If we decide in October that they don't cut it, it can be very difficult to move them. It's our responsibility to convince parents & to convince other course tutors to take our "rejects" so to speak. Obviously maths teacher s are not very popular in the staff room around October half term.
    Despite these issues, I am personally ridiculously pleased with my results. I generally meet or exceed national comparators in terms of exam results. However there is always the threat of special measures as due to drop outs our successful completion rate is usually around 80% due to dropouts.
     
  6. install

    install Star commenter

    Why are you not doing the full A Level Course? You are setting yourself up for a fall - if you prove how great you are at AS -only for all the students to not stay. Where do your students go after?

    Why not drop the AS and focus on the full A Level Courses?
     
    Welshteach likes this.
  7. Welshteach

    Welshteach New commenter

    Without giving too much away, I'm Wales.
    Our system is pretty much like the old English system.
    What were successful completion rates like for AS a couple of years ago? I guess that would be the best comparison.
     
  8. Welshteach

    Welshteach New commenter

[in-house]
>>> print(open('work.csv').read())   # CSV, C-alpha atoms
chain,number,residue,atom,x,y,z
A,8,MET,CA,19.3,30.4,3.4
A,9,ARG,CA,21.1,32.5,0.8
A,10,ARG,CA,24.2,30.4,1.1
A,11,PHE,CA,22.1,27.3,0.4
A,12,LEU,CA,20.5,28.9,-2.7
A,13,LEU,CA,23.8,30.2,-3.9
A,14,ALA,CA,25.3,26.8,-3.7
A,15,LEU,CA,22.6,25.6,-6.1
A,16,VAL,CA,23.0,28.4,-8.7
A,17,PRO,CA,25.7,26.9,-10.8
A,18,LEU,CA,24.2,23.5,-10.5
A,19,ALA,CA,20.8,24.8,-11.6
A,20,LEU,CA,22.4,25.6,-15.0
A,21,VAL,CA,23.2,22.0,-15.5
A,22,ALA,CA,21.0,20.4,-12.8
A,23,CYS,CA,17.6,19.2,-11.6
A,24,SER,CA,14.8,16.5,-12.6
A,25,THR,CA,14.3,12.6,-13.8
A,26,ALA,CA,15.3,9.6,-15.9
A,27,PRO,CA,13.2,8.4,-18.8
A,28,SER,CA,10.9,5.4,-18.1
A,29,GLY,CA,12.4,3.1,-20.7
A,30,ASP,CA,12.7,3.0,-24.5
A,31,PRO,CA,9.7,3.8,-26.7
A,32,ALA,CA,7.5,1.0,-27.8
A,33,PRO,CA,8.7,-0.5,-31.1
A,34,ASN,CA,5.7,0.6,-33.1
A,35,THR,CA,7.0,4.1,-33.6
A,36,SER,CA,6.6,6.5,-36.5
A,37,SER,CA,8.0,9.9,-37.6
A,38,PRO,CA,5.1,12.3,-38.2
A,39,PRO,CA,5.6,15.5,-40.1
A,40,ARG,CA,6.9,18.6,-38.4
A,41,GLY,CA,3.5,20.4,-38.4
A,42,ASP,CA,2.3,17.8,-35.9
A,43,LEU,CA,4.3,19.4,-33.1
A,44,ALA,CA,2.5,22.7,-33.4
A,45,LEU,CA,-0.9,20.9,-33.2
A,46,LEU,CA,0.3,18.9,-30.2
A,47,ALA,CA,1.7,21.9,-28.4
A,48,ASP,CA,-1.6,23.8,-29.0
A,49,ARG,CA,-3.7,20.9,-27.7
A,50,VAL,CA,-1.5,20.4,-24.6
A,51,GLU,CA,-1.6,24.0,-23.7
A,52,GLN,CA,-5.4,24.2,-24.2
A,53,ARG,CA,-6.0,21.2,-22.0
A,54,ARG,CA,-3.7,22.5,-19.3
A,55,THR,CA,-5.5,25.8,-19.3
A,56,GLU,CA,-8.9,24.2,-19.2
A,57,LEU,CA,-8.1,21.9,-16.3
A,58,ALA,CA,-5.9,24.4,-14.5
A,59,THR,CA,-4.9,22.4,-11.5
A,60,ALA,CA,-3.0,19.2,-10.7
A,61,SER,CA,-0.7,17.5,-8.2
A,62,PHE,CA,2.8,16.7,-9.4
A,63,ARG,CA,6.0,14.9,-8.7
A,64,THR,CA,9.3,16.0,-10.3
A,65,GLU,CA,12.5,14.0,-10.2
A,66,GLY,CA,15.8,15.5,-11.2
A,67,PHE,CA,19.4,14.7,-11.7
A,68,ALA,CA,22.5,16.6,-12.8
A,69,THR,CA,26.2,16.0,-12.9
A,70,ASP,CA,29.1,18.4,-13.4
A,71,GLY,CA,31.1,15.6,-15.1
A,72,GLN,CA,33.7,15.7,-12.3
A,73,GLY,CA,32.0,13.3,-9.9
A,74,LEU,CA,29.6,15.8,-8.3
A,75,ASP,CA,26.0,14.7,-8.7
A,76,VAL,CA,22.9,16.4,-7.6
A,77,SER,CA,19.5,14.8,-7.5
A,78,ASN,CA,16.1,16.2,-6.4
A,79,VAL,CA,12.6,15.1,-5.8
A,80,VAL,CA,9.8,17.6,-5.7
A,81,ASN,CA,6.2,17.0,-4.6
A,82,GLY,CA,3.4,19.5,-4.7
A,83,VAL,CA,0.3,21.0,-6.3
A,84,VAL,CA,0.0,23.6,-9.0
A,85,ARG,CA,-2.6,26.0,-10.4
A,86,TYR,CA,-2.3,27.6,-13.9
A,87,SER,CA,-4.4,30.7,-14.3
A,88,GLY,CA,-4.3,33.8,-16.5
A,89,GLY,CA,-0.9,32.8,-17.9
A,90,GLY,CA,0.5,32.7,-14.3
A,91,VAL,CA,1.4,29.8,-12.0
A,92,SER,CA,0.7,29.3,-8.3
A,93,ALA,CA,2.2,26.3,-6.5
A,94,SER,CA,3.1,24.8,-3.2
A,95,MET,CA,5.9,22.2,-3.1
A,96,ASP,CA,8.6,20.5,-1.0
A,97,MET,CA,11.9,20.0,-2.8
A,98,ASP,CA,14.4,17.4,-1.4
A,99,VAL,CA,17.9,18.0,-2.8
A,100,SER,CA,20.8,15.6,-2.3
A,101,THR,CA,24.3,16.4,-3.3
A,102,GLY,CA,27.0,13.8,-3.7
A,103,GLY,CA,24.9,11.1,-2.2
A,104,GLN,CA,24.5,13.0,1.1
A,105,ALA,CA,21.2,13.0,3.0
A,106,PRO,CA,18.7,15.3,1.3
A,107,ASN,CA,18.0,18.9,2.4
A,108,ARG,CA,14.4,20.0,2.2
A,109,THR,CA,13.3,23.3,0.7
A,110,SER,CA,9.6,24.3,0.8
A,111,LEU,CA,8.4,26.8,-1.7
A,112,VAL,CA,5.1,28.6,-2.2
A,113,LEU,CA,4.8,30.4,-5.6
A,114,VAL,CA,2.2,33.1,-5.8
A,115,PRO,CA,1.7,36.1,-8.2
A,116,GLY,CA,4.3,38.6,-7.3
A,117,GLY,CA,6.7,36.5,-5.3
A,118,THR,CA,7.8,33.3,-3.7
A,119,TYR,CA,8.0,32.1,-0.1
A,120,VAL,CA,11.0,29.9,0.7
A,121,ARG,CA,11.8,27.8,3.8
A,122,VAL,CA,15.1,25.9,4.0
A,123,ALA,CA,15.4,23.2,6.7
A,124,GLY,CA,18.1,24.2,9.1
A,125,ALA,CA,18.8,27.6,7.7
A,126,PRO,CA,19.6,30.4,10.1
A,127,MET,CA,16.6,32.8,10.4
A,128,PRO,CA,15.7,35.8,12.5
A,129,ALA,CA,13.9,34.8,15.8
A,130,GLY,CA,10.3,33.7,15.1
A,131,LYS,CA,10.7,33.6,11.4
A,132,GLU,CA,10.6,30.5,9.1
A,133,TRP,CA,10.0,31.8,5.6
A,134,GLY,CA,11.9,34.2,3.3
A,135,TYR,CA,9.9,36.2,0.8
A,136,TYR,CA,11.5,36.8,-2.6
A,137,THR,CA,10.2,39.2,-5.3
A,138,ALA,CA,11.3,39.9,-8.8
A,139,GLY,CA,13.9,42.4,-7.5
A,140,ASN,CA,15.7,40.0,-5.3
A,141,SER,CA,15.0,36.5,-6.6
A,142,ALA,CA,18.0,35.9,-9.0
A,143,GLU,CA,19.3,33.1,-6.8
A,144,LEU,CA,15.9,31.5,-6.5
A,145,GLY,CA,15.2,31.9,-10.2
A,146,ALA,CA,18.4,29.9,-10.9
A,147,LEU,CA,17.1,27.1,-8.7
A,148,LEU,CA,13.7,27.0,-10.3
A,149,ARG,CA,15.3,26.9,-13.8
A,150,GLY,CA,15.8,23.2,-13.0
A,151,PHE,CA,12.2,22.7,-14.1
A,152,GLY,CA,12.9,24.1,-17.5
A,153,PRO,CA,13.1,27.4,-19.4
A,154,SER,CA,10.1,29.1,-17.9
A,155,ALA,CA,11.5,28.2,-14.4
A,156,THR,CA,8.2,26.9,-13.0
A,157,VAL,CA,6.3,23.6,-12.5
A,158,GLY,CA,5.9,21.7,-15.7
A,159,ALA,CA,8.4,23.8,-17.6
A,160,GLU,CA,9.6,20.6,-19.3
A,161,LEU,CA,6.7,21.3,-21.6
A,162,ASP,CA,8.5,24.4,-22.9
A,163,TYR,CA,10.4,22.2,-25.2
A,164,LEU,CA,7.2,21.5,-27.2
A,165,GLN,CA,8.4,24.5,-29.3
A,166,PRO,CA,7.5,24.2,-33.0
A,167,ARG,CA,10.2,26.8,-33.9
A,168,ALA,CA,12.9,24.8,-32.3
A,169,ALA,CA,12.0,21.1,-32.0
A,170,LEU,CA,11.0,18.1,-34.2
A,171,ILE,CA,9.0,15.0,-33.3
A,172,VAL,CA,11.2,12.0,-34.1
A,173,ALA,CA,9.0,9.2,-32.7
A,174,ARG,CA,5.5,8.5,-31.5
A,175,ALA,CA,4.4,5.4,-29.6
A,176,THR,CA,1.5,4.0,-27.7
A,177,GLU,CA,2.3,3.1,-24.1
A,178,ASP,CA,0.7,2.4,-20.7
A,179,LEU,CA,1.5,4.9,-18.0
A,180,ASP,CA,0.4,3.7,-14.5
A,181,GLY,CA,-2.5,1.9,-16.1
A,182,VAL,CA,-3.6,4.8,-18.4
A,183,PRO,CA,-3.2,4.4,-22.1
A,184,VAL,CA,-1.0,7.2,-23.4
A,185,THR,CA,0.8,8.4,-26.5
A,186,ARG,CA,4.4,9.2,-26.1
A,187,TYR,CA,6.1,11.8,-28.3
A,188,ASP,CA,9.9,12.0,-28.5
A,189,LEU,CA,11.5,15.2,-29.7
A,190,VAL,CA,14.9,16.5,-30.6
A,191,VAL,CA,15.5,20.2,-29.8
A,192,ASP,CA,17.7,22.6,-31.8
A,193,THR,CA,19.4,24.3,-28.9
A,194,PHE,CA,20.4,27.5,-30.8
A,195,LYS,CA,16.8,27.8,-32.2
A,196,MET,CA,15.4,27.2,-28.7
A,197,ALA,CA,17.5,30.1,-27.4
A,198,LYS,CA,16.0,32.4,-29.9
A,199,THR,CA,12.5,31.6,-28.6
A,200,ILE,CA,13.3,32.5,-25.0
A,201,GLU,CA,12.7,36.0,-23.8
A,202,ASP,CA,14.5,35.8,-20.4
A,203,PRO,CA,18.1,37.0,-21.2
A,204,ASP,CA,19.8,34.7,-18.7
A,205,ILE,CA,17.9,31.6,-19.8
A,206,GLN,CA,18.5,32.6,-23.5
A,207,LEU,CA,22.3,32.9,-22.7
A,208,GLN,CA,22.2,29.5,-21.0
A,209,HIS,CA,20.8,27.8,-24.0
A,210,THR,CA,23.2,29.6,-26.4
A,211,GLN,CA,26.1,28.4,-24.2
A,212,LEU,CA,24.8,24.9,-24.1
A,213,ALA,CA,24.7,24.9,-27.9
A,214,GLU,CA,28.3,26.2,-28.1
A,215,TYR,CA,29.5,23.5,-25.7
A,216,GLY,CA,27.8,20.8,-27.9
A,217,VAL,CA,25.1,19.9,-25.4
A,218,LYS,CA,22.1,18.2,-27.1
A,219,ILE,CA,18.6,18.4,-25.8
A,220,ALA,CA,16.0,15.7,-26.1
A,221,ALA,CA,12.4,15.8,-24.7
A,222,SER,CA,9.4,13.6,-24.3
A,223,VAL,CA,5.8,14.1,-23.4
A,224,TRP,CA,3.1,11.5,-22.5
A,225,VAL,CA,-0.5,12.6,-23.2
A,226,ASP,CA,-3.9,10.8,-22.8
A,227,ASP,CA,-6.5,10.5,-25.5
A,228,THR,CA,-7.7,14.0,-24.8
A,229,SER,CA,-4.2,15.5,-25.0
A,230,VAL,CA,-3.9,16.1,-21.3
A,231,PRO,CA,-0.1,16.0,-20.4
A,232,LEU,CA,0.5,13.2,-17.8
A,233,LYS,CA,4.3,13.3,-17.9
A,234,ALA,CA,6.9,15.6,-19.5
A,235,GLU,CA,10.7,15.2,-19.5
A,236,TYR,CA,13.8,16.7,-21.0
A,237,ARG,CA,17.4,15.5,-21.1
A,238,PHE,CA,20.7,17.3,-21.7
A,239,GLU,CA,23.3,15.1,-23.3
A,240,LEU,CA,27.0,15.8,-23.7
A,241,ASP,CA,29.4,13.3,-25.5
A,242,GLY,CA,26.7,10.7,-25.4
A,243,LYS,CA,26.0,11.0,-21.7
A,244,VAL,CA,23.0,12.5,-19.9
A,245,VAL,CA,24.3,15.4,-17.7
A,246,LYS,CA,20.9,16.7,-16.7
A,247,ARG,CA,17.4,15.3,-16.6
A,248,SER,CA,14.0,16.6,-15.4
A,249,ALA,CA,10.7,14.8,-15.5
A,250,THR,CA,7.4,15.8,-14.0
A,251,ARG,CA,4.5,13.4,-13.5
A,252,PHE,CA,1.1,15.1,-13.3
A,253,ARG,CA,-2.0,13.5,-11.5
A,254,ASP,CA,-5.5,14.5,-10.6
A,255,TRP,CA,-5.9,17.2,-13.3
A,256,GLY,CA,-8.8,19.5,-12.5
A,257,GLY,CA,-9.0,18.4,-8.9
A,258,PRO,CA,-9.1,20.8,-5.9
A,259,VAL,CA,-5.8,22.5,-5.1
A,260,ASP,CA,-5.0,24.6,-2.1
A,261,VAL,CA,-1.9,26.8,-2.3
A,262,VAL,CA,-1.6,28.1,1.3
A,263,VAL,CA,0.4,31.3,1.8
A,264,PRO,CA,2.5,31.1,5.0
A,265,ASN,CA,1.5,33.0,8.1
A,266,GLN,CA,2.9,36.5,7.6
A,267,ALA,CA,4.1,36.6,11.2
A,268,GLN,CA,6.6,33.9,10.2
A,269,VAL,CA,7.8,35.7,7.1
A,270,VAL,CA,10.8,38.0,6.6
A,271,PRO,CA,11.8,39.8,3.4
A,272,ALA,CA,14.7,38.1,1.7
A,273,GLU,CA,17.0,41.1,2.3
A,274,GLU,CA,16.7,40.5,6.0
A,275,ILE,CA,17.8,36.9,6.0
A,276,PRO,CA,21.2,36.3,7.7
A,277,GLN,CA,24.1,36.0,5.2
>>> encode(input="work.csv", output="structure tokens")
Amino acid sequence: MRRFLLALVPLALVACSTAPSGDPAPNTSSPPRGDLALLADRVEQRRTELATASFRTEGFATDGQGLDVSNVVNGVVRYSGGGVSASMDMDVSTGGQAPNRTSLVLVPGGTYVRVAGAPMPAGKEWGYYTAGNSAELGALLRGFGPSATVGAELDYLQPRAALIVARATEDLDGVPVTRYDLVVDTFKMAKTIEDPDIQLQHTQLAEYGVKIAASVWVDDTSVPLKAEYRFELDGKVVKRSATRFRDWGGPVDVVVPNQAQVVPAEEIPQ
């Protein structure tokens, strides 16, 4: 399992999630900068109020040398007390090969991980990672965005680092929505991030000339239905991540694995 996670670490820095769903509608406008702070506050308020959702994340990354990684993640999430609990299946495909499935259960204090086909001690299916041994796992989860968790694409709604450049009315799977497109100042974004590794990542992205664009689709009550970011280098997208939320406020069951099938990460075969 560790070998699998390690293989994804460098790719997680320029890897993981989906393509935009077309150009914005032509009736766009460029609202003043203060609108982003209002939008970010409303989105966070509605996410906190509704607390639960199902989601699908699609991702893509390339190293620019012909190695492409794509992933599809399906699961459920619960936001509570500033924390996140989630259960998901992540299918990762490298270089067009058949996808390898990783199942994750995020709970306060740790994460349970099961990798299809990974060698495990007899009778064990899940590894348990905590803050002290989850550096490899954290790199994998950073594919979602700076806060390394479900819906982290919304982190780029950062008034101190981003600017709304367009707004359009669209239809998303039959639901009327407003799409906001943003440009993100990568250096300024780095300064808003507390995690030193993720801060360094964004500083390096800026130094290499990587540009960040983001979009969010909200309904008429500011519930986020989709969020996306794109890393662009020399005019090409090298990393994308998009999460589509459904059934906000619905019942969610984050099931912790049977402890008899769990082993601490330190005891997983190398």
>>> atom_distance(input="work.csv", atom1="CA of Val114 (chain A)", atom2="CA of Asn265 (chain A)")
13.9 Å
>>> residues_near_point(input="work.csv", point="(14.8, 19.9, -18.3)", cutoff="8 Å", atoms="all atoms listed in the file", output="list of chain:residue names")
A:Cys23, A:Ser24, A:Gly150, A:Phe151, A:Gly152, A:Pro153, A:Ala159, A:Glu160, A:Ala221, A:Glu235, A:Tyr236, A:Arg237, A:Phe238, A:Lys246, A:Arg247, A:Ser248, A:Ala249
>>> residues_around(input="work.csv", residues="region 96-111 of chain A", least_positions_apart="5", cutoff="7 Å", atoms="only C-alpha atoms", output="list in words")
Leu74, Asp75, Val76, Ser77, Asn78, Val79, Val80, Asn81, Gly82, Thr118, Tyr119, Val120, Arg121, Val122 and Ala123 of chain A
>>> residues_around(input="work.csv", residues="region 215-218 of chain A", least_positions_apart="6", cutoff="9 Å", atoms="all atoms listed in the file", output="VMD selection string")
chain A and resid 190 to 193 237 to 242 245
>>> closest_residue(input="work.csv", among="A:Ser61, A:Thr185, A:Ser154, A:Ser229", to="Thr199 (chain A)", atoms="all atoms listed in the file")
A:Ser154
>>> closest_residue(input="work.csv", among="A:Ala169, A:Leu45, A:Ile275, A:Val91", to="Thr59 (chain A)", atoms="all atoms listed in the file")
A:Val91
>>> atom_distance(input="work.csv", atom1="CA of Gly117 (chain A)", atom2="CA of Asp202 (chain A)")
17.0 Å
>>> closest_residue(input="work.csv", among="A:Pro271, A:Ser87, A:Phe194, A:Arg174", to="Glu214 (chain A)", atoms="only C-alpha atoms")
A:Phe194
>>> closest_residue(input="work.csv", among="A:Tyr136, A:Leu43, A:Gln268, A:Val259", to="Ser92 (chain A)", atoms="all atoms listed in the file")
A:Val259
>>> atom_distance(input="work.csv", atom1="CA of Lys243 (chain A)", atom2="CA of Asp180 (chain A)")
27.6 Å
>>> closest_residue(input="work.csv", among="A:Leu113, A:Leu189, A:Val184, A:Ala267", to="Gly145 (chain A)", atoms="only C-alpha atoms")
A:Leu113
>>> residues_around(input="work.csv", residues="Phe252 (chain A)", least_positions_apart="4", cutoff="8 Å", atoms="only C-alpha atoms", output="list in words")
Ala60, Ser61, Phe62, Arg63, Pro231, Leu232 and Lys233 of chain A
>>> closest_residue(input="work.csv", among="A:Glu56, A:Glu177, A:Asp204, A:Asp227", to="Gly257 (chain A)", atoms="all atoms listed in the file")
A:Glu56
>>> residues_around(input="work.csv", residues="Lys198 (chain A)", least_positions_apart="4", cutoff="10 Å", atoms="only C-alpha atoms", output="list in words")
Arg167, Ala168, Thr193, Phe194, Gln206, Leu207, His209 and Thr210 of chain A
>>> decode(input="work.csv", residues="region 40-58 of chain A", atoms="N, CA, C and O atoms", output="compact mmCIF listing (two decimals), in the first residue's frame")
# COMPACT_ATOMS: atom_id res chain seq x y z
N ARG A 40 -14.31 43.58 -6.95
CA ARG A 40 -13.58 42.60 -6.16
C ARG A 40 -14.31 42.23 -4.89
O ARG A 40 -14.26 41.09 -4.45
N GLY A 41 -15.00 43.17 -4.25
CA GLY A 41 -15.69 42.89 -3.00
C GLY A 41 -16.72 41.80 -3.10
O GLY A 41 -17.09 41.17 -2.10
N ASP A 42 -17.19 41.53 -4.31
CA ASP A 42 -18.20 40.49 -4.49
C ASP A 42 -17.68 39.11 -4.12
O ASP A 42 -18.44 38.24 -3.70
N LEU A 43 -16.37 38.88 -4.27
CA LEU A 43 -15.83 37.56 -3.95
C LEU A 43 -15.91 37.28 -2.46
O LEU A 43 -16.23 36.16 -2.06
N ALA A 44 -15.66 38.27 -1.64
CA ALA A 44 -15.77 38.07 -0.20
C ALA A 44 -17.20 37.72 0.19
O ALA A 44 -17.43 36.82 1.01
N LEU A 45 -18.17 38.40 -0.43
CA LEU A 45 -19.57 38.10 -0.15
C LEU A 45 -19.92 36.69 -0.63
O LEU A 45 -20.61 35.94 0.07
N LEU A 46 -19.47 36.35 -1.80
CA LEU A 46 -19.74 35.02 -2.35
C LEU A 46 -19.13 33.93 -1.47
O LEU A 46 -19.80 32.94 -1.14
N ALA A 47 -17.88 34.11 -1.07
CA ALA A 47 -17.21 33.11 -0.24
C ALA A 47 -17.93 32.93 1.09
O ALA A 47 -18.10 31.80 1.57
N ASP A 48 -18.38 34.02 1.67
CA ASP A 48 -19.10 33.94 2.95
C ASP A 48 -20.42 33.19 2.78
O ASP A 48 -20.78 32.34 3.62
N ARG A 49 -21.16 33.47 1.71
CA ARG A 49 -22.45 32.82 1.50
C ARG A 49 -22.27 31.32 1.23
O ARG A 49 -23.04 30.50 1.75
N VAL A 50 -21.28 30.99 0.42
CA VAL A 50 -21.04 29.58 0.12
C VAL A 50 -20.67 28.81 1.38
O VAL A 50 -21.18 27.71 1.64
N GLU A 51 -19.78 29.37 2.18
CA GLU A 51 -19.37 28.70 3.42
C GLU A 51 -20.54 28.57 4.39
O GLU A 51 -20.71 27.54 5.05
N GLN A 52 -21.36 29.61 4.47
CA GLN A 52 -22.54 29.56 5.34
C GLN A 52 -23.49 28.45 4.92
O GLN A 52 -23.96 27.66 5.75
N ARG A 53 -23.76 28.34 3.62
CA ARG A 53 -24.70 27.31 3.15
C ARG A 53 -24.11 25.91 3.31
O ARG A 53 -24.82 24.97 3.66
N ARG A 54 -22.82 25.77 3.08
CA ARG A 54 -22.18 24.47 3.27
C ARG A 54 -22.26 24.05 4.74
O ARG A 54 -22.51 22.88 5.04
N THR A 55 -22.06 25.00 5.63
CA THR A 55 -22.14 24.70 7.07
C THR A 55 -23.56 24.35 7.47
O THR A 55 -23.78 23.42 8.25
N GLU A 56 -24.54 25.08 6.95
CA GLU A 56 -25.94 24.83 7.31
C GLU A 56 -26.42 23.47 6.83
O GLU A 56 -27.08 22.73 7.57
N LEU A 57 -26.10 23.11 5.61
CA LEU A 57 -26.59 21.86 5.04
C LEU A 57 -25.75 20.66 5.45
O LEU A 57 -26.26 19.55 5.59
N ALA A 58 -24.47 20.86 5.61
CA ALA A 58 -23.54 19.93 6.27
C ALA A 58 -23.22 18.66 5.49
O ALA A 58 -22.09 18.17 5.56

I'm in total agreement with you by the way. If we go all out to get a weak student an E grade, I'm fully aware of the consequences for A2!
    Unfortunately management do not see it this way.
    It's a blanket requirement on all courses.
    I'm basically looking for ways for them to see the light!
     
  9. install

    install Star commenter

    If you google it I am sure that will help. But comparing AS results now - with AS results years ago would not be a fair comparison anyway...
     
    Welshteach likes this.
  10. install

    install Star commenter

    There will be evidence on the dfes website or on google to show the drop in AS entries over the past three years :)
     
    Welshteach likes this.
  11. Welshteach

    Welshteach New commenter

    Thanks Install, all usefully info!
    Still looking for the successful completion number though.
    It's like one of the most closely guarded piece of statistics ever!
    You can't really compare results without looking at successful completion.
    If a school or college has pulled half their cohort in order to get better raw results, a comparison is pretty meaningless. Even then there are other factors before October cut off.